From here, Ryan began writing content in a Google Doc while I started translating his written words into artboards in Sketch, syncing the prototype to InVision. Just like "stim" in a co-creation session, seeing and interacting with a prototype can lend a fresh perspective and reveal opportunities. A narrative that felt clear in a linear document may not translate well to how people use a website. Showing other stakeholders early also illuminated gaps and new perspectives.

Patterns emerge where calls-to-action that drive impact became a repeated pattern across pages.

Pages that felt overloaded with long or dense information got infographics or spun out into their own pages. A paragraph becomes a bulleted list, each illustrated with an explanatory infographic for scannability. A longer page targeting multiple personas becomes 4 distinct landing pages—one for each target audience. 

Building this site was a truly collaborative experience—with voice memos, sketches, and notes flying back and forth. And to today, it's still a living organism that's continuing to evolve as needed.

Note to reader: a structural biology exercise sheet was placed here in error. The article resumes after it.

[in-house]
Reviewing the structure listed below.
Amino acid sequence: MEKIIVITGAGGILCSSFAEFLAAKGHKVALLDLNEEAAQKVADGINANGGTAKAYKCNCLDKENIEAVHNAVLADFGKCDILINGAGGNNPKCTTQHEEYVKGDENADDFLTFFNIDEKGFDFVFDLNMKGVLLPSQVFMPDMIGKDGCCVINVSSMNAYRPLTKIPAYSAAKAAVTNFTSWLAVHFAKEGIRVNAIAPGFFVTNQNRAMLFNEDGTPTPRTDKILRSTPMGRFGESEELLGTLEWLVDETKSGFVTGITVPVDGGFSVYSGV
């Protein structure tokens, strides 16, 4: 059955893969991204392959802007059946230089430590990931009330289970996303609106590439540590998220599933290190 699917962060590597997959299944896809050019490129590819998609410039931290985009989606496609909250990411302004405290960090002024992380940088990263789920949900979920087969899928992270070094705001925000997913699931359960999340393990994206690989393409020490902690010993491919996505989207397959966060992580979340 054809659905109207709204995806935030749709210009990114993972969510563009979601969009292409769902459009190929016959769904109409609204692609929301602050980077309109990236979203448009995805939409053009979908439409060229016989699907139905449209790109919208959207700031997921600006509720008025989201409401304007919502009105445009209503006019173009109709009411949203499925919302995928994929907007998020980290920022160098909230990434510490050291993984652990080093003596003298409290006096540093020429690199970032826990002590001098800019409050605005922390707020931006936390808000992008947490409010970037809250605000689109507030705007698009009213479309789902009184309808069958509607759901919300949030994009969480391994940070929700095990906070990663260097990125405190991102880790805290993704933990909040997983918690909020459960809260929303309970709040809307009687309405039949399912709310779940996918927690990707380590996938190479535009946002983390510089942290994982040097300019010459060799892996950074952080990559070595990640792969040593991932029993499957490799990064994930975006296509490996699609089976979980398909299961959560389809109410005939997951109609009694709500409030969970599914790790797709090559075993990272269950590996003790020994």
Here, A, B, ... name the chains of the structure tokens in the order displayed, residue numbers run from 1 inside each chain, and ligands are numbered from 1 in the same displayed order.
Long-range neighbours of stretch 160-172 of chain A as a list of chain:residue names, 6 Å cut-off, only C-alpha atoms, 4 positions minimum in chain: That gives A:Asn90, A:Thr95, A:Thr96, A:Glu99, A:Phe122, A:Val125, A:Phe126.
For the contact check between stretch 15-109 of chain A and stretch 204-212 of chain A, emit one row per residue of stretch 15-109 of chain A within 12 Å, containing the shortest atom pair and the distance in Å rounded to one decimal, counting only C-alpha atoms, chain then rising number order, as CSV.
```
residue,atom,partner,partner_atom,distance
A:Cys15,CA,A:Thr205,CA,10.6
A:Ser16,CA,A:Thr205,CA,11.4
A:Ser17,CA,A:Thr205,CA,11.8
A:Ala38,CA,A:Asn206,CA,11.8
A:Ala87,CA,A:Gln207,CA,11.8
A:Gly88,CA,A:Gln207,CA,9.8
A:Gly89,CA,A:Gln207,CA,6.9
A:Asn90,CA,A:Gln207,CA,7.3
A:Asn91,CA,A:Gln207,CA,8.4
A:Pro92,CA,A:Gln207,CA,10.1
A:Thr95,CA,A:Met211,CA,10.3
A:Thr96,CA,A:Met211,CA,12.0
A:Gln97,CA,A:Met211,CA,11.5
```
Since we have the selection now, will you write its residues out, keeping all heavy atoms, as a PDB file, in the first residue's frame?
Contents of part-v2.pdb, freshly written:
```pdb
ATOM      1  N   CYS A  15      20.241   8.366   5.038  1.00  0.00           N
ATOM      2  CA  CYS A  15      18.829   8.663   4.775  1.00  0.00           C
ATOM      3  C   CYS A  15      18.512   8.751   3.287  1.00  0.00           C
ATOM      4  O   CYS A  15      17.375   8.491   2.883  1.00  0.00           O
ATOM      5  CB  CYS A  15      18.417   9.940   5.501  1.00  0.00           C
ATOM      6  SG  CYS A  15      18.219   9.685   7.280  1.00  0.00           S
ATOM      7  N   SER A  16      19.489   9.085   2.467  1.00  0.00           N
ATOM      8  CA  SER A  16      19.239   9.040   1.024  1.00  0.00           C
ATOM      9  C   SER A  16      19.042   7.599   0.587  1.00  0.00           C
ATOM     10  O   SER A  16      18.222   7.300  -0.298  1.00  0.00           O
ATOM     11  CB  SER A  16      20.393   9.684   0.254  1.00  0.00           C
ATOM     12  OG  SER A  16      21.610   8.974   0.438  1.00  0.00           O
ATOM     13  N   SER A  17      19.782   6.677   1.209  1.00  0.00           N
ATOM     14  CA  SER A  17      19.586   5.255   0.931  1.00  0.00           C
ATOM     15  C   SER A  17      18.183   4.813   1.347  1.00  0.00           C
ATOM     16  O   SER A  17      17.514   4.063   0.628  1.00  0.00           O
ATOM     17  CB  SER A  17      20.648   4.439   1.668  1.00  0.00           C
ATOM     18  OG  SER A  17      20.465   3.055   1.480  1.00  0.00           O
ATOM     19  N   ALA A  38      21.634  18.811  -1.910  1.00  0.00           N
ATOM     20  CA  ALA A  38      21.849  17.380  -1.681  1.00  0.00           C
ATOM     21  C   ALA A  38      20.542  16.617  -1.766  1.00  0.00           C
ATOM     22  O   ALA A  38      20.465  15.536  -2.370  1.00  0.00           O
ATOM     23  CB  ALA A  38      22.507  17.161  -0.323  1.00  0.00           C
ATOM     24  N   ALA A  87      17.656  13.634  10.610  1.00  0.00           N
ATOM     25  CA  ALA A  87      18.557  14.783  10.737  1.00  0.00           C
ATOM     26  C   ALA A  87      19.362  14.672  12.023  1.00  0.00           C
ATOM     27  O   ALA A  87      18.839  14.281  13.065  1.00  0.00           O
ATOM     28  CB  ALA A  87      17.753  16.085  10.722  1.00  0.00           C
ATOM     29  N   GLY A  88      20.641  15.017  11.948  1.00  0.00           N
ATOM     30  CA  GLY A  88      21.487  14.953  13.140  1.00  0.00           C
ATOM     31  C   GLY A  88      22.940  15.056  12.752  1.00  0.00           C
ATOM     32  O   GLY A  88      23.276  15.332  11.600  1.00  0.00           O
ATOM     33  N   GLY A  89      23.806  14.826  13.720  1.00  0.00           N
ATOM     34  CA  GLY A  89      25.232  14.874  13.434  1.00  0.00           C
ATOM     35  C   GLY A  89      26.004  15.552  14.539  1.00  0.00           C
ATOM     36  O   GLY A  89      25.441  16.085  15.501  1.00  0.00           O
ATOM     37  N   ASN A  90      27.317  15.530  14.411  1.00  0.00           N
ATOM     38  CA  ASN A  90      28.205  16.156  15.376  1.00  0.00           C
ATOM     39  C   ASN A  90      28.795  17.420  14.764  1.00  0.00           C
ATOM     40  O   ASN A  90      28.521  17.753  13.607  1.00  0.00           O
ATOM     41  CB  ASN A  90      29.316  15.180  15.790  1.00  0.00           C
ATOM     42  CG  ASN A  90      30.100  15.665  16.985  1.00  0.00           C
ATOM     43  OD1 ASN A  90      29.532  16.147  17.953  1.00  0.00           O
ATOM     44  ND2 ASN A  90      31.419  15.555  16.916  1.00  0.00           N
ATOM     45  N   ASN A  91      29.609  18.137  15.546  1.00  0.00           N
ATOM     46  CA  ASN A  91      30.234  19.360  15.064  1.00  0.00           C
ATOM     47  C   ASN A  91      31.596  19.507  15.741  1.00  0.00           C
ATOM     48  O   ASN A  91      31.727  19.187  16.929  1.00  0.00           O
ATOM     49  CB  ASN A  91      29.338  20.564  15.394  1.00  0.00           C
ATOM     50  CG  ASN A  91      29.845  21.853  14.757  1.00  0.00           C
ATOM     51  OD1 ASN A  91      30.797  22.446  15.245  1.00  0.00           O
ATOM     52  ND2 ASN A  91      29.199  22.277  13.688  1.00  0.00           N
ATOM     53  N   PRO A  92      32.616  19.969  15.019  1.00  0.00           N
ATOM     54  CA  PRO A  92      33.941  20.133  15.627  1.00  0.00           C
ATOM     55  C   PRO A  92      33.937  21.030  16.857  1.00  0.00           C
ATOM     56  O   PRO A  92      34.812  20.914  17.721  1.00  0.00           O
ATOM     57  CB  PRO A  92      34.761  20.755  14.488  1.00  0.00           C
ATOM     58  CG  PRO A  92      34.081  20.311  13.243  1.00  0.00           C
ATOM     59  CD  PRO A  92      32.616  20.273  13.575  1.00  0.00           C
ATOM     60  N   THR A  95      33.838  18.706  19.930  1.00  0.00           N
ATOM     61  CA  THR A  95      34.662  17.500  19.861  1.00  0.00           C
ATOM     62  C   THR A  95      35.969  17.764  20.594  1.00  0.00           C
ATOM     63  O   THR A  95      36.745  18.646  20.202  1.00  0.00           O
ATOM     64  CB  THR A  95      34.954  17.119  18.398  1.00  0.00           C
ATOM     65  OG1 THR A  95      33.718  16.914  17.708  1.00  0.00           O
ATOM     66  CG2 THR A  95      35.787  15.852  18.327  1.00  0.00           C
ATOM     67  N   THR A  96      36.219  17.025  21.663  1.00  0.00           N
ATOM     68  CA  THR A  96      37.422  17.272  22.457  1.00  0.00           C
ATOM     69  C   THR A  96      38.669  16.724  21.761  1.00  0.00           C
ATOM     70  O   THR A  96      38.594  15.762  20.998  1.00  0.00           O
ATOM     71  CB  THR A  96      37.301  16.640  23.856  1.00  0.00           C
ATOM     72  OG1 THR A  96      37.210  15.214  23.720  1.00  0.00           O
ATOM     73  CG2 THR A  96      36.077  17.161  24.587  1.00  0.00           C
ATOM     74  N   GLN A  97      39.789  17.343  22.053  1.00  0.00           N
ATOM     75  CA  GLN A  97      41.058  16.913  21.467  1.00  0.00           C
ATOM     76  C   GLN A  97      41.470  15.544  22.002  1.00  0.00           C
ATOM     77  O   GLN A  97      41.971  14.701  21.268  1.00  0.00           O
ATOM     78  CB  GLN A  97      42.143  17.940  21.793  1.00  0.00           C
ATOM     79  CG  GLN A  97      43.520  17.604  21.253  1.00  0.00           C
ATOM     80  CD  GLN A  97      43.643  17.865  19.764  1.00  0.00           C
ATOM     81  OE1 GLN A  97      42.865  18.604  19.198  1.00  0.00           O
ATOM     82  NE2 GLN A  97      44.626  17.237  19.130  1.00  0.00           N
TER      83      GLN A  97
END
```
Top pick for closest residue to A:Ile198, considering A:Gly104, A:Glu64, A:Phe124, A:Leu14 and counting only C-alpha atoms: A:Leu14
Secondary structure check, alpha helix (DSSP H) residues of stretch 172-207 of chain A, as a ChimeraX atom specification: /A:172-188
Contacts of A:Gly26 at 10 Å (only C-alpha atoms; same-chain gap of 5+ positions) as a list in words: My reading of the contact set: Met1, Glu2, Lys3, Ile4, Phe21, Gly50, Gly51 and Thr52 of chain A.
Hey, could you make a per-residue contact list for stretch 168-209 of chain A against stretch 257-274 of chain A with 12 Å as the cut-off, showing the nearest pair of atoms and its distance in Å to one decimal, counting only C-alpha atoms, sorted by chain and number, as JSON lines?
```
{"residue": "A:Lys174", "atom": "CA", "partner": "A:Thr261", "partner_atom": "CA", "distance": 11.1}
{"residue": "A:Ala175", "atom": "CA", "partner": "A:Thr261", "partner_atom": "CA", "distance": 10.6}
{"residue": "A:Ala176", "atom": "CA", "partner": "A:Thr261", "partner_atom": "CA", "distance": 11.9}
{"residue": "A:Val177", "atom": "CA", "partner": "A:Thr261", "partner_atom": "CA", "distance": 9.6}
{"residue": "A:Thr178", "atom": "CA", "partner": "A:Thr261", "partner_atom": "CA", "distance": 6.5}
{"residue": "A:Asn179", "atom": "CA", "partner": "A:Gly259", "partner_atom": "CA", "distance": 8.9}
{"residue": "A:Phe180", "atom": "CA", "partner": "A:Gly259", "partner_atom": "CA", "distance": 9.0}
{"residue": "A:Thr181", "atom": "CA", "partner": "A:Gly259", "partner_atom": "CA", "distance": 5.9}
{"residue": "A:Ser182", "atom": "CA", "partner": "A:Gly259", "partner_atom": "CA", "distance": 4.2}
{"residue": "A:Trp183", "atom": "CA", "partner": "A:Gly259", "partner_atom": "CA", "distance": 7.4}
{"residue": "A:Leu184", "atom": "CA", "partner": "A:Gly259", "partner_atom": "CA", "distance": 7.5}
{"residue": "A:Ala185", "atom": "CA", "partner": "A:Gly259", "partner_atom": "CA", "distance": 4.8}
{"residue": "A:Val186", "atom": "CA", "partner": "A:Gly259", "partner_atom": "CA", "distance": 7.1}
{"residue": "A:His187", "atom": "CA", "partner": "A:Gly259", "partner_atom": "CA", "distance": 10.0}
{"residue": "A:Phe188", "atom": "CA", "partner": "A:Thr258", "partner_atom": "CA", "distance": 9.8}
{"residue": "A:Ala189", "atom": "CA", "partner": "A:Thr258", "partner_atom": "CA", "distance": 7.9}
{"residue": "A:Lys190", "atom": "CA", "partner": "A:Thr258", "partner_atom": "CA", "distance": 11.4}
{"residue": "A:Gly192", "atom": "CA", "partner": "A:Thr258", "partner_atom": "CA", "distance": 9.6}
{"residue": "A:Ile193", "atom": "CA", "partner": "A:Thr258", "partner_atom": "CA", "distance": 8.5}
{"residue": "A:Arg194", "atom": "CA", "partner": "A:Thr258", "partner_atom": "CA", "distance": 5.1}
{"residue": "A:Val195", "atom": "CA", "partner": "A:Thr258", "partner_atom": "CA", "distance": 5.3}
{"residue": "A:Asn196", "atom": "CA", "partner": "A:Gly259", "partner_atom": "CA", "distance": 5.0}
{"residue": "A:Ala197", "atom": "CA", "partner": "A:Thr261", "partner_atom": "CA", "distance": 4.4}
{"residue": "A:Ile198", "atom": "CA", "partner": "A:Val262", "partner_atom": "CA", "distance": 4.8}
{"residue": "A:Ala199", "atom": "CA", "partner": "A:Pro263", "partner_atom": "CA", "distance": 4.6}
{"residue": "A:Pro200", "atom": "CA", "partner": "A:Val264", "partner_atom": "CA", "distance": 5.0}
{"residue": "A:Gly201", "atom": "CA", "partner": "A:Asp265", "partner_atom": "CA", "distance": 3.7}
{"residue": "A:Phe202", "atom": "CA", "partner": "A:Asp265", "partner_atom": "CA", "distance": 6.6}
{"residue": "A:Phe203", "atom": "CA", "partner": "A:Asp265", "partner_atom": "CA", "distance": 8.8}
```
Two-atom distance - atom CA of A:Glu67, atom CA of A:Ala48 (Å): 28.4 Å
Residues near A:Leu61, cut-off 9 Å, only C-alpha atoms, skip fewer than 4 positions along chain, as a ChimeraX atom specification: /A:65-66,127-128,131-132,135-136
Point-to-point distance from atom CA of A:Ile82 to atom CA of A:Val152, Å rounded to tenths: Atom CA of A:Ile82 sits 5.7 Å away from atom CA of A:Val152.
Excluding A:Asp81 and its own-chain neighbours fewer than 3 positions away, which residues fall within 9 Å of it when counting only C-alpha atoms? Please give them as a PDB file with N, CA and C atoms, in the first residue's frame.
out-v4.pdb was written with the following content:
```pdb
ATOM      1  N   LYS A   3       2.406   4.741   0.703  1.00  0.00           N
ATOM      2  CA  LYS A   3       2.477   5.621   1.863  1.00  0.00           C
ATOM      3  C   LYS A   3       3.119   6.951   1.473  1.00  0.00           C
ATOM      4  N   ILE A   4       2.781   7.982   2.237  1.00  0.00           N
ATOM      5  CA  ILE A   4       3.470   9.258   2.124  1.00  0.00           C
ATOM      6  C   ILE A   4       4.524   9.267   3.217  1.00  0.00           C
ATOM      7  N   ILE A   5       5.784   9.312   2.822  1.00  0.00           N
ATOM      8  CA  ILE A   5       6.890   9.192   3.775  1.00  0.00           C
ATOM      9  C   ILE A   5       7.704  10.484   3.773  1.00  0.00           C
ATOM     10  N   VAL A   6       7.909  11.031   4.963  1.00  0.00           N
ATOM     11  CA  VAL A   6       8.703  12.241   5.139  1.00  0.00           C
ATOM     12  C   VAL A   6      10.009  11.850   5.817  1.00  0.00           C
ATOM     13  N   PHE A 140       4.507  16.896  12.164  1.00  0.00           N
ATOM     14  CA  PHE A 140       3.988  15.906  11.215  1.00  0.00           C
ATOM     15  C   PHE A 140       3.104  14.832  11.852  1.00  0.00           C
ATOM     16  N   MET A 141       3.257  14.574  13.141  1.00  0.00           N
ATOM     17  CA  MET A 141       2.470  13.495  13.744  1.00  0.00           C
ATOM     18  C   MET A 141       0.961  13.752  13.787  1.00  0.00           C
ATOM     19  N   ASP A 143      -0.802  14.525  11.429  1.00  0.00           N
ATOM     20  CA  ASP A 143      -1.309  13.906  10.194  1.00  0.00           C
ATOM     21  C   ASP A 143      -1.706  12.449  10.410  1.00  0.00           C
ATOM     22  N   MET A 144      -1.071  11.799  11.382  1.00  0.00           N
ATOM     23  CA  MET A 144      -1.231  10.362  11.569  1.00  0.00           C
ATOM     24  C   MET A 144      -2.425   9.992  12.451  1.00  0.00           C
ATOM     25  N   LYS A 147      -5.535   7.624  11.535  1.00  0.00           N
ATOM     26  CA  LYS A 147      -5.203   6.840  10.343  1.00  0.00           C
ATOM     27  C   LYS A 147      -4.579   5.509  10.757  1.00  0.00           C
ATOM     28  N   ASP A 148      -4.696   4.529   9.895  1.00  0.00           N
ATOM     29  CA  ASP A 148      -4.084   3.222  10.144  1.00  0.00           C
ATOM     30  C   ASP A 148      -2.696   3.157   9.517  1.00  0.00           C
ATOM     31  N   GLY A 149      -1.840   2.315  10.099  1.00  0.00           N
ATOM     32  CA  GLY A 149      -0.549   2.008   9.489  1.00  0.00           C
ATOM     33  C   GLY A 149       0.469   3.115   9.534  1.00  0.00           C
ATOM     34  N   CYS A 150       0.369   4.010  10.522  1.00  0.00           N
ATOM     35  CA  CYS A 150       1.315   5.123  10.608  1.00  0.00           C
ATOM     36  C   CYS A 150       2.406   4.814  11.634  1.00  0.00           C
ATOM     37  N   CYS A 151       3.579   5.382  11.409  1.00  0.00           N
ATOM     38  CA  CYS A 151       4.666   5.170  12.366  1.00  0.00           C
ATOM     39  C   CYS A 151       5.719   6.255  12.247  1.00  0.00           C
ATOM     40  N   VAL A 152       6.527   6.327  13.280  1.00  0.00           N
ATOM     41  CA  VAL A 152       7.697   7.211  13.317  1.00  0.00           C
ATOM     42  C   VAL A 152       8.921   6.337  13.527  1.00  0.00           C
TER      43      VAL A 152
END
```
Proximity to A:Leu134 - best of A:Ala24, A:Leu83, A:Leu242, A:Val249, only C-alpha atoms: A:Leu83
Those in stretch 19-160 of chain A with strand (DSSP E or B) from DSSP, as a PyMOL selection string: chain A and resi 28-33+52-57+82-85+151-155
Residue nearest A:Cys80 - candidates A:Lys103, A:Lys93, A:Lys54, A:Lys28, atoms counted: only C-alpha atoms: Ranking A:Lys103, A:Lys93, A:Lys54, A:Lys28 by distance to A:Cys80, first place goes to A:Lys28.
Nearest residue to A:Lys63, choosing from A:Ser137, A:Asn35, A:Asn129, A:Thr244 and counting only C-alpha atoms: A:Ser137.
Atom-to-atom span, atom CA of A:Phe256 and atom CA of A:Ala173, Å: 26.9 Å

Rather than facing pressure of perfecting content in a phase completely divorced from design, working hand-in-hand is critical in achieving successful outcomes. No matter how experienced someone might be, design and storytelling is always a process of experimentation, and never a straight line. 



Meng's design skills are simply outstanding -- the design she created for Meto is far better than anything I could have imagined. However, what really sets her apart is that she also possesses an uncanny ability to make design decisions understandable to someone like me, who has no design experience. With great confidence and humility, Meng walked me through the design process, and the end result shows how well she walked the line: Meto's online presence displays Meng's skill but my vision for the organization.

— Ryan Benitez, Founder & CEO



Logo, copy, and direction by Ryan Benitez and Blake Thomsen
Visual identity, web design, web development by Meng He

© 2022 Meng He